Well, It Wouldn't Be Winter Meetings Eve Without a Cubs-Chris Archer Rumor

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Well, It Wouldn’t Be Winter Meetings Eve Without a Cubs-Chris Archer Rumor

Chicago Cubs Rumors

An annual tradition as reliable as candy canes on the tree, lights on the house, and eggnog being disgusting.

It’s Cubs-after-Chris-Archer-trade-rumor time!

Up front, I’ve gotta give you the rundown of caveats: (1) “seem likely to pursue” is fuzzy enough language that this could be outright speculation, albeit sufficiently obvious that it’s probably true in any case; (2) the Cubs have been in on Archer since time immemorial, so there’s not necessarily a lot of newness here; and (3) Rogers’ record of late has been … spotty.

So, then, I’ll take this more an opportunity only to tee up the conversation, which is going to come up again at some point next week at the Winter Meetings.

We’ve talked about the Cubs and Archer so frequently – and the two have been legitimately connected by rumors – that you probably long know the drill by now. Archer, 29, was famously included by the Cubs in the trade for Matt Garza before the 2011 season, later emerging as a very solid starter for the Rays. Archer is signed to a deal that pays him just $6.2 million next year, $7.5 million in 2019, and comes with team options in 2020 ($9 million, $1.8 million buyout) and 2021 ($11 million). To say his contract is a bargain is a supreme understatement.

Relatedly, though, it’s fair to say that Archer has settled in as more of a very good starting pitcher than an ace. Although he posted ERAs in the 3.20-3.30 range from 2013 to 2015, he was at 4.02 last year, and 4.07 this season. His peripherals have typically been as good or better than the ERA, but what makes you just a touch cautious is the fact that he’s always given up a fair bit of hard contact, and does not have a great groundball rate. Things reached their worst level on that front in 2017, when Archer’s 42.0% groundball rate was the lowest of his career, and his 39.4% hard contact rate was the second worst in baseball. His meager 13.2% soft contact rate? The worst.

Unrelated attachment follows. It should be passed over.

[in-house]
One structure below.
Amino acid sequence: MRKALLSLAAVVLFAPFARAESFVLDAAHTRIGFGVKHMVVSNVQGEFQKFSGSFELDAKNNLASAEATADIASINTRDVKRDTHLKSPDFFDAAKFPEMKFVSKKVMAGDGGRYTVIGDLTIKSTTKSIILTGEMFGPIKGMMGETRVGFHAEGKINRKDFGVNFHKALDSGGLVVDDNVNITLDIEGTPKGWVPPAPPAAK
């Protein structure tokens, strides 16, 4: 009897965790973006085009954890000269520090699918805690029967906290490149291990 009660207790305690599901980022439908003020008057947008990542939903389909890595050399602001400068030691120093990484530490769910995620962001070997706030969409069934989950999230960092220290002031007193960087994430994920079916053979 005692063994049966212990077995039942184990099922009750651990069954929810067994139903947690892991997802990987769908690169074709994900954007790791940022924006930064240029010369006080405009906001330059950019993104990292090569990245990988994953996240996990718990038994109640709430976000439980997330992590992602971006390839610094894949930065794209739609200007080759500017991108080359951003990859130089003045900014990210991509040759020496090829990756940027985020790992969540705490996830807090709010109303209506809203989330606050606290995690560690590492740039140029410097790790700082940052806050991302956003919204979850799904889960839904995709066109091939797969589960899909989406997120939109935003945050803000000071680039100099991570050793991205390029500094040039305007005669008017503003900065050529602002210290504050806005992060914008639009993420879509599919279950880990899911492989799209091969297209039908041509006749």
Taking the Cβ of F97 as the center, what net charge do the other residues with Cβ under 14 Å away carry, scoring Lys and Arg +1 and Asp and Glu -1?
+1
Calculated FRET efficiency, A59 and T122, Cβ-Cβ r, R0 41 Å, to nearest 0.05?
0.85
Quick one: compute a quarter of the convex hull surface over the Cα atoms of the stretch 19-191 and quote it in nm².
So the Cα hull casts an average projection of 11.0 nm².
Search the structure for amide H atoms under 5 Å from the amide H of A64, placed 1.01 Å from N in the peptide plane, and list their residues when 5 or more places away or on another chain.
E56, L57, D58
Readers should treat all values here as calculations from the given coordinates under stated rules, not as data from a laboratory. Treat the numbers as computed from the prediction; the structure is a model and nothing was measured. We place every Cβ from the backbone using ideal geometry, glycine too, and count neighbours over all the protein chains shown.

(Photo by Brian Blanco/Getty Images)

At 29 and with a strikeout rate that continues to climb, there’s certainly still some upside potential with Archer. His 29.2% K rate this year was the best of his career, and the 7th best in baseball. He paired it with a mere 7.0% BB rate, which made his K-BB spread the 8th largest in baseball. The dude can pitch. No question. He just gave up a whole lot of hard contact, and that should at least give you some pause. With the Cubs, he’d also continue working with his long-time pitching coach, Jim Hickey. For whatever directly that cuts for you.

Given the contract, though, Archer is still extremely valuable on the trade market. If the Cubs seriously wanted to acquire him, you better be prepared for them to part with one of their good young big leaguers AND several pitching prospects.

For future planning purposes, having Archer locked into the rotation at his contract rate would open up so much for the Cubs in the next few years as they look to stay in a competitive window, pay escalating arbitration salaries, and be aggressive in free agency … all while staying under the luxury tax limit.

Hey, maybe after today’s Giancarlo Stanton trade to the Yankees, the Rays will be slightly more willing to entertain a rebuilding year in 2018, when they can get the most value possible for Archer. (Of course, if the Rays make Archer available to every team, there will be some HUGE prospect-centered offers for him, and the Cubs would have difficulty competing.)

As for Alex Colome, well, we’ve been really lukewarm on him since he first emerged in rumors. He’s headed into his arbitration years as a guy who’s racked up a lot of saves (that always inflates the price tag), and he’s coming off a season in which his strikeout rate plummeted from 31.4% in 2016 to just 20.6% in 2017. Worse, that latter mark is pretty much where he’s been in his career, making it look like his dominating 2016 season was an aberration. Oh, and the 8.2% walk rate in 2017 was the worst of his career. Oh, and he also got suspended for steroids back in 2014.

If the Rays want to give Colome away to save the salary, cool. Fine. But if they want significant value for him? Pass.


Author: Brett Taylor

Brett Taylor is the Editor and Lead Writer at Bleacher Nation, and you can find him on Twitter at @BleacherNation and @Brett_A_Taylor.